The seeds that you plant in your backyard garden next spring and farmers sow in their fields may have a guardian angel that helps them sprout, stay healthy, and grow to yield bountiful harvests. It's a thin coating of chemicals termed a "seed treatment" that can encourage seeds to germinate earlier in the season, resist insects and diseases, and convey other advantages. These new seed defenders are the topic of an article in the current issue of Chemical & Engineering News (C&EN), ACS' weekly newsmagazine.
C&EN Senior Business Editor Melody Voith describes a boom in developing and producing chemical coatings that act as built-in pesticides to protect seeds from destructive insects, fungi, and other pests. Seed treatments for protecting cereal, corn, and beet crops already are common in agriculture and are growing in popularity in an effort to safeguard genetically modified seeds, which are expensive. The worldwide seed treatment market now generates $1.5 billion yearly and is growing at 10 to 12 percent annually, according to the article.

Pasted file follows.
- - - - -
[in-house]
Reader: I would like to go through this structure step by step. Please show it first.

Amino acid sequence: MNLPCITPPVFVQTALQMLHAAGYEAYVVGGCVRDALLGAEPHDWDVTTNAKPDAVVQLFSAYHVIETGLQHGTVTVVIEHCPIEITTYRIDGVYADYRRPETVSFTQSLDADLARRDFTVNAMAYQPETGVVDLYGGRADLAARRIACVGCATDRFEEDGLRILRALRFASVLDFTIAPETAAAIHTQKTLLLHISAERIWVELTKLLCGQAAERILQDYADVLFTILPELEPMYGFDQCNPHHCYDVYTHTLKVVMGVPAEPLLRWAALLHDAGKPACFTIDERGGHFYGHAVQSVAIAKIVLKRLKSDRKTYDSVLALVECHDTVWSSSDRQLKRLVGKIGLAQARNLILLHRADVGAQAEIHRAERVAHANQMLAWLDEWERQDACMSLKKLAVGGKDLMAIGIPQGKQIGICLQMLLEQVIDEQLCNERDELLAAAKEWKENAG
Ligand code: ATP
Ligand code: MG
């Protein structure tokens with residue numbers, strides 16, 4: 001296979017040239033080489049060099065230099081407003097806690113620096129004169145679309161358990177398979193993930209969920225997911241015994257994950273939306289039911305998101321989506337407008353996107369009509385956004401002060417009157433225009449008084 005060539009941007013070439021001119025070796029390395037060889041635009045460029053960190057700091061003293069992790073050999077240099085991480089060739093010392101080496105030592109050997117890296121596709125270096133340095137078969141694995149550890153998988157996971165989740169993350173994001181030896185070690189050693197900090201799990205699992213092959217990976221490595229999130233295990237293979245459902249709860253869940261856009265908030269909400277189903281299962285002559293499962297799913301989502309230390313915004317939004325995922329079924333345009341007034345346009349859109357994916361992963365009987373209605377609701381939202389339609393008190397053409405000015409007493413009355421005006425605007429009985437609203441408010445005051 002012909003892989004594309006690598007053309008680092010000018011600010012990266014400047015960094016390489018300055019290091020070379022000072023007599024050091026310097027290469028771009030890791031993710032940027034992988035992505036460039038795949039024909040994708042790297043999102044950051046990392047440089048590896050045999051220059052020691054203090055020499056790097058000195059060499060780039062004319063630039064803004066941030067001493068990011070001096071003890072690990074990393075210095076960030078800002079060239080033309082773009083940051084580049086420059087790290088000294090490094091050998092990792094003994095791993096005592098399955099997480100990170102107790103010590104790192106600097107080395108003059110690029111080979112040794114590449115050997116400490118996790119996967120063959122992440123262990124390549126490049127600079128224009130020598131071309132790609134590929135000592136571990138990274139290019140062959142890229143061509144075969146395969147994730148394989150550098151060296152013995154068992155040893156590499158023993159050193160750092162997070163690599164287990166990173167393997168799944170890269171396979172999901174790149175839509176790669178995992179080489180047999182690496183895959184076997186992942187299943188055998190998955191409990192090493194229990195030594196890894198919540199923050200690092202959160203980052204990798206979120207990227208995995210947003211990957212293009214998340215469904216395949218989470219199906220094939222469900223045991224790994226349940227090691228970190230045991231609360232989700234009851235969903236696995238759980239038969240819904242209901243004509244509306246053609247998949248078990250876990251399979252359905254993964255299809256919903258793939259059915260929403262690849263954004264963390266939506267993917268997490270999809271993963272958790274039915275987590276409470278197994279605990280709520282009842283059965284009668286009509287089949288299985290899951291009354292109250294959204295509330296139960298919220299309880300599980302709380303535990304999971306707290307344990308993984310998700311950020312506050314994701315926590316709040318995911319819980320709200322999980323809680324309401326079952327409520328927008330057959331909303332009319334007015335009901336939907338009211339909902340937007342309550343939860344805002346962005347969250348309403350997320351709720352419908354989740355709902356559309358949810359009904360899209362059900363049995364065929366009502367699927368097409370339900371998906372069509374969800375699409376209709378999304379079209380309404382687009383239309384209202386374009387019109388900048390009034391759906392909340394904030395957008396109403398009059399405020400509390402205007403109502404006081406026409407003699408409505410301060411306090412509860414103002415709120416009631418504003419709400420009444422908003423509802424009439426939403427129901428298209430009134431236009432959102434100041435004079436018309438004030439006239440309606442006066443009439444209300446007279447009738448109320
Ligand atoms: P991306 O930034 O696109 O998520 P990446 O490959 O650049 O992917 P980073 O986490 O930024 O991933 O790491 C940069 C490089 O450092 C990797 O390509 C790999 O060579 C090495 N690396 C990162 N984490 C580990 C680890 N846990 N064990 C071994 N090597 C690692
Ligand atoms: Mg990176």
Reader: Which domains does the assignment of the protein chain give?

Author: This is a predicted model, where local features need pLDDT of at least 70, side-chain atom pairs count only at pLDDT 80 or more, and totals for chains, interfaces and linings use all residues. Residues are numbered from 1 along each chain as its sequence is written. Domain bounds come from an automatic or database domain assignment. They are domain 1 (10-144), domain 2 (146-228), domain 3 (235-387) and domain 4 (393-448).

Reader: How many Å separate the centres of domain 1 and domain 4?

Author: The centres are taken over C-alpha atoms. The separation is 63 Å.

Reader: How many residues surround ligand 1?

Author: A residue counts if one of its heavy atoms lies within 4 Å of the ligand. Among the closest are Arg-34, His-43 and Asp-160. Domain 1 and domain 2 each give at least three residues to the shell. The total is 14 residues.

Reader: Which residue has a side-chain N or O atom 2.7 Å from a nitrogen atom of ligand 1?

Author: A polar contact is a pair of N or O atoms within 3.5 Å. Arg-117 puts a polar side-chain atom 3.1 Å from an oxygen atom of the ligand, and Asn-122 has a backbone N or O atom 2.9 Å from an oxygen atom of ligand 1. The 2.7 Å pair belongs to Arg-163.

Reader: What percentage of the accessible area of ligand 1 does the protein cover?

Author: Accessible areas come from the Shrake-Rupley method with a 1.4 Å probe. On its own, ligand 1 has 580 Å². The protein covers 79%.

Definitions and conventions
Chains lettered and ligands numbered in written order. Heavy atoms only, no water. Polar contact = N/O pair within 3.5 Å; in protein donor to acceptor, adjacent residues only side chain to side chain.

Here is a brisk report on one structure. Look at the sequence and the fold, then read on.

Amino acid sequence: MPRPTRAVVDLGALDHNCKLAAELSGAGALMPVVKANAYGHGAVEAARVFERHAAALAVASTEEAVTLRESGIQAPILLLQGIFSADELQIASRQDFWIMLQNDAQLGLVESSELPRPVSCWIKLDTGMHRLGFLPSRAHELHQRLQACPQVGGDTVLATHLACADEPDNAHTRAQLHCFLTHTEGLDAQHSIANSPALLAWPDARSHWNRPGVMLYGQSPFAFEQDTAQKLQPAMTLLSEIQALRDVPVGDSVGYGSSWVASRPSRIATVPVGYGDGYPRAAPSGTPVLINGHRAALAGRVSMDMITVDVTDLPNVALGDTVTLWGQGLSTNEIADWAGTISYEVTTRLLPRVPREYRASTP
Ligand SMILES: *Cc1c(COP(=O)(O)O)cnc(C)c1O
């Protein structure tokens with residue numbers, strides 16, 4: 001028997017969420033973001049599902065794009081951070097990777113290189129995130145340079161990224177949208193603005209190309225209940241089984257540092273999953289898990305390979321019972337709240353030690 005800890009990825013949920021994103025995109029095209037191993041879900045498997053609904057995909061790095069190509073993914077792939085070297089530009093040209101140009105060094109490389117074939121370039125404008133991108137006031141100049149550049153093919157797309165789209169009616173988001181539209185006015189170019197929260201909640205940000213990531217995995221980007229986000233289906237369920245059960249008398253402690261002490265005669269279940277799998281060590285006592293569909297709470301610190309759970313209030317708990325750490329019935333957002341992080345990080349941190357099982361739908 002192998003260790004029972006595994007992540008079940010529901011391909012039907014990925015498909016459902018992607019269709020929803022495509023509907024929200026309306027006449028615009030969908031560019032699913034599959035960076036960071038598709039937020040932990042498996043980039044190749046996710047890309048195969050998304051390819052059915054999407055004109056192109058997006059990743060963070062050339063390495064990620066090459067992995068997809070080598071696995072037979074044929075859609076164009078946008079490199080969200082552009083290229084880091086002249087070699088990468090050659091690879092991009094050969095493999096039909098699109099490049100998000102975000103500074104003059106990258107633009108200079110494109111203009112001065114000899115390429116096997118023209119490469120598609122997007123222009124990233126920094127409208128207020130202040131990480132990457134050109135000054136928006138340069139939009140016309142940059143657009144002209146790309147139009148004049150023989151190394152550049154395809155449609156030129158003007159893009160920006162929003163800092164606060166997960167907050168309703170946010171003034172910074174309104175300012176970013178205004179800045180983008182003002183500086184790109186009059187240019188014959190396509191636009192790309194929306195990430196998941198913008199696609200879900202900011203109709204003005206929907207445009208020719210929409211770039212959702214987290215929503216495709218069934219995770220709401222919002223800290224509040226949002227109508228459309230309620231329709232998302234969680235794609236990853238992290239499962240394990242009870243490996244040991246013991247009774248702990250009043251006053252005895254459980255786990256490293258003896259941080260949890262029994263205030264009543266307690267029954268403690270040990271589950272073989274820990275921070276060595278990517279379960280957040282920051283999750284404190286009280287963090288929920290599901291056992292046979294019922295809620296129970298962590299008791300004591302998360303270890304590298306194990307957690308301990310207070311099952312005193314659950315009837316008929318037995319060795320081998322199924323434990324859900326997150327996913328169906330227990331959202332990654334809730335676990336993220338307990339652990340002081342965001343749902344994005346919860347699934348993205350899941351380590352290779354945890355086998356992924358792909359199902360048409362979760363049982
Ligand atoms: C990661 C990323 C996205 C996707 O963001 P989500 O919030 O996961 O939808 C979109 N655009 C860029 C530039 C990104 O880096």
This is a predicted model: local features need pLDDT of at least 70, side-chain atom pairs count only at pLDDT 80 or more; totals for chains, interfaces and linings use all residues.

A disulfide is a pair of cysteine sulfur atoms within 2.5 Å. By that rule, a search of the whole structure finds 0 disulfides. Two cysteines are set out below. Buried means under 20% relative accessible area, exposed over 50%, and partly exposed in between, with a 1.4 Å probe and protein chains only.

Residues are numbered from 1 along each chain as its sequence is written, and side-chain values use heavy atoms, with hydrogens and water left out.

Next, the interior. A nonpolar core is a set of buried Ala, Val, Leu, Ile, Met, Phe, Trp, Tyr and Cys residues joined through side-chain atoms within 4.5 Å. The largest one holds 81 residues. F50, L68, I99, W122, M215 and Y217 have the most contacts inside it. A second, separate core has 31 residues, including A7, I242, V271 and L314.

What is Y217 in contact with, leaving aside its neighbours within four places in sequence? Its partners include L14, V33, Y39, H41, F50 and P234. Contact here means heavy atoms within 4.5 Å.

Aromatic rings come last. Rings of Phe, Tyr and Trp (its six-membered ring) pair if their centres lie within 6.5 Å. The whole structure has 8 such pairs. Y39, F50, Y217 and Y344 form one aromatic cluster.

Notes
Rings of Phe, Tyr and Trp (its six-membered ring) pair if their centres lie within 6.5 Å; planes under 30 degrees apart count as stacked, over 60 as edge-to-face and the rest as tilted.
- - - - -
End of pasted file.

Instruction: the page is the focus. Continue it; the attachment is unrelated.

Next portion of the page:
Voith notes that scientists are also developing a new generation of seed treatments that use microorganisms to protect plants from pests and promote earlier, more vigorous growth. One company, for instance, produces a bacterial coating that kills disease-causing fungi while secreting a substance that promotes plant growth. Unlike chemical treatments, which last for weeks, these biologic seed defenders last for months.
|Contact: Michael Bernstein|
American Chemical Society